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International Child Custody: Three Things You Need To Know

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The recently concluded presidential election has resulted in considerable talk about people and borders, including talk of building a wall at the Mexican border and others wishing to move north to Canada or abroad to Europe. 

For people with children - particularly those who are unmarried or divorced - this raises important questions about what happens to children when a parent lives overseas or wishes to move overseas. 

We have decided to take this opportunity to inform the public about some important facets of international child custody. Here are three things you need to know. 

1. Jurisdiction. Jurisdiction. Jurisdiction.

Jurisdiction - where the legal action must be filed - is the key when it comes to any case involving children and international boundaries, whether the case is a custody dispute, a parental relocation matter, or a child abduction. 

Many international child custody cases involve the Uniform Child Custody Jurisdiction and Enforcement Act (UCCJEA). They can also involve the 1980 Hague Convention. This becomes very complicated as not all countries are signatories to the Hague Convention. Learn more

2. Not All Family Law Attorneys Have The Skill To Resolve These Issues

First of all, an attorney must choose to be engaged in these issues and have a thorough understanding of the UCCJEA, the Hague Convention, and other relevant laws.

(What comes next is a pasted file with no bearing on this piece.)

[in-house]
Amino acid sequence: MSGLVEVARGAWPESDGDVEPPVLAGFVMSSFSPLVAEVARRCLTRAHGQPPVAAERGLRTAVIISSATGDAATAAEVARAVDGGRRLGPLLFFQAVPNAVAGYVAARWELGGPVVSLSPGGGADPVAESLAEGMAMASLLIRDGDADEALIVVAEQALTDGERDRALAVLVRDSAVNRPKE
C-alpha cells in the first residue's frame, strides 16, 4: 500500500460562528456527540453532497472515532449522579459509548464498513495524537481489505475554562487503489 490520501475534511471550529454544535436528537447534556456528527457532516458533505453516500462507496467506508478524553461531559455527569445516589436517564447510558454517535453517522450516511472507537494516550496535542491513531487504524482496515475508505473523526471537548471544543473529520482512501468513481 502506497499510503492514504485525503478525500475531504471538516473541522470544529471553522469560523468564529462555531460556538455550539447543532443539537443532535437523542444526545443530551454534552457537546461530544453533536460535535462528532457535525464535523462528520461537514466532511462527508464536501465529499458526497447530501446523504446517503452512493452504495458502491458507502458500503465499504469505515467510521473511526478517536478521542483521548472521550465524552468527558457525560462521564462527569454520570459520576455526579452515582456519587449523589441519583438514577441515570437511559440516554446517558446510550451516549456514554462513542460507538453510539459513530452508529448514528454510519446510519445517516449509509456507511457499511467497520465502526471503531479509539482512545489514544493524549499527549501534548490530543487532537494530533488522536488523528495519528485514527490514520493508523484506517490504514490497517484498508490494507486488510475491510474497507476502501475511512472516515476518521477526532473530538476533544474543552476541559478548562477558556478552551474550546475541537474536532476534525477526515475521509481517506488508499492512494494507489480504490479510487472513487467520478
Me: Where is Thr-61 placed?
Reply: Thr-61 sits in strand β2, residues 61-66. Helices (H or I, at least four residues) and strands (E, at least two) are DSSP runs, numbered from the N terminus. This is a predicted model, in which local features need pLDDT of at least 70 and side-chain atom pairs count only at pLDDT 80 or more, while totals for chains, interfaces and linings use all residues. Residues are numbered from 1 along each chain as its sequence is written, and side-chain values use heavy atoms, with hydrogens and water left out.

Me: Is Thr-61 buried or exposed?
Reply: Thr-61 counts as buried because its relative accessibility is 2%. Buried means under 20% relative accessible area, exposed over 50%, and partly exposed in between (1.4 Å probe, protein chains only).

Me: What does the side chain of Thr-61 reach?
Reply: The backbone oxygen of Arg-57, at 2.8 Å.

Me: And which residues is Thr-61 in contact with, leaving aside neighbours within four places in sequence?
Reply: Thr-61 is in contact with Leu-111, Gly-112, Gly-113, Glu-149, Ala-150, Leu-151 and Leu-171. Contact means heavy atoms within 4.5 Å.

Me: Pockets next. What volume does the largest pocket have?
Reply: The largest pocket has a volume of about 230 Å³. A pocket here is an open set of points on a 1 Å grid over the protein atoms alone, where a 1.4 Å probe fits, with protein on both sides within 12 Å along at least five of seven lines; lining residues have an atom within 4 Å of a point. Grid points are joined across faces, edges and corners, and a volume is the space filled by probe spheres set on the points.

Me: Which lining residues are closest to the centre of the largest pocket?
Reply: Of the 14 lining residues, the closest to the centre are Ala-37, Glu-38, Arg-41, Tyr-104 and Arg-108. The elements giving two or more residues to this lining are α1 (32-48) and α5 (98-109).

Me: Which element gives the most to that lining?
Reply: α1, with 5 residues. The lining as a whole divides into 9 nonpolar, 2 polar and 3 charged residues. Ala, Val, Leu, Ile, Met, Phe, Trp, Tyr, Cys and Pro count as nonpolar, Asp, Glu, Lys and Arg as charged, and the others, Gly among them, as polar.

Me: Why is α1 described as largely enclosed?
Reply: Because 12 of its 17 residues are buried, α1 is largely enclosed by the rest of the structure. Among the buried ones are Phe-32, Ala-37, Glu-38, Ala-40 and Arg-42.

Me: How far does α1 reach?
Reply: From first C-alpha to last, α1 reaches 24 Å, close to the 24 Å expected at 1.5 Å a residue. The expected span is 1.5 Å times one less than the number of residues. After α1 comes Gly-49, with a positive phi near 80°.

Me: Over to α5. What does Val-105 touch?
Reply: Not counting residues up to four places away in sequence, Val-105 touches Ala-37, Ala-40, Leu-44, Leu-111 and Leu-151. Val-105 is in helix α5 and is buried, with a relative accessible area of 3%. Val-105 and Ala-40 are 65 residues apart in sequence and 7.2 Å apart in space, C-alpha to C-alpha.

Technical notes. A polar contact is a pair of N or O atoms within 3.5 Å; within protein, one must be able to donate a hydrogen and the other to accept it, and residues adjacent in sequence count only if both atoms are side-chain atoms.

It's still necessary to have an attorney who understands more than just the laws involved. To be successful in this complex area of the law, an attorney must: 

  • Quickly identify how jurisdictional and venue issues will impact your case
  • Be able to work with attorneys around the world
  • Have access to credible experts who can help build a strong case
  • Understand the advantages and disadvantages of different jurisdictions

3. There Is A Fine Line Between A Custody Dispute And Parental Kidnapping

It is important to act quickly if you have any reason to believe that your child's other parent may be taking him or her overseas in the midst of a dispute. Parents can contact the U.S. State Department's Children's Passport Alert System to prevent a passport being issued to their minor child. This is critical as, once a passport is issued, the department will not be able to prevent it from being used to take the child out of the country. 

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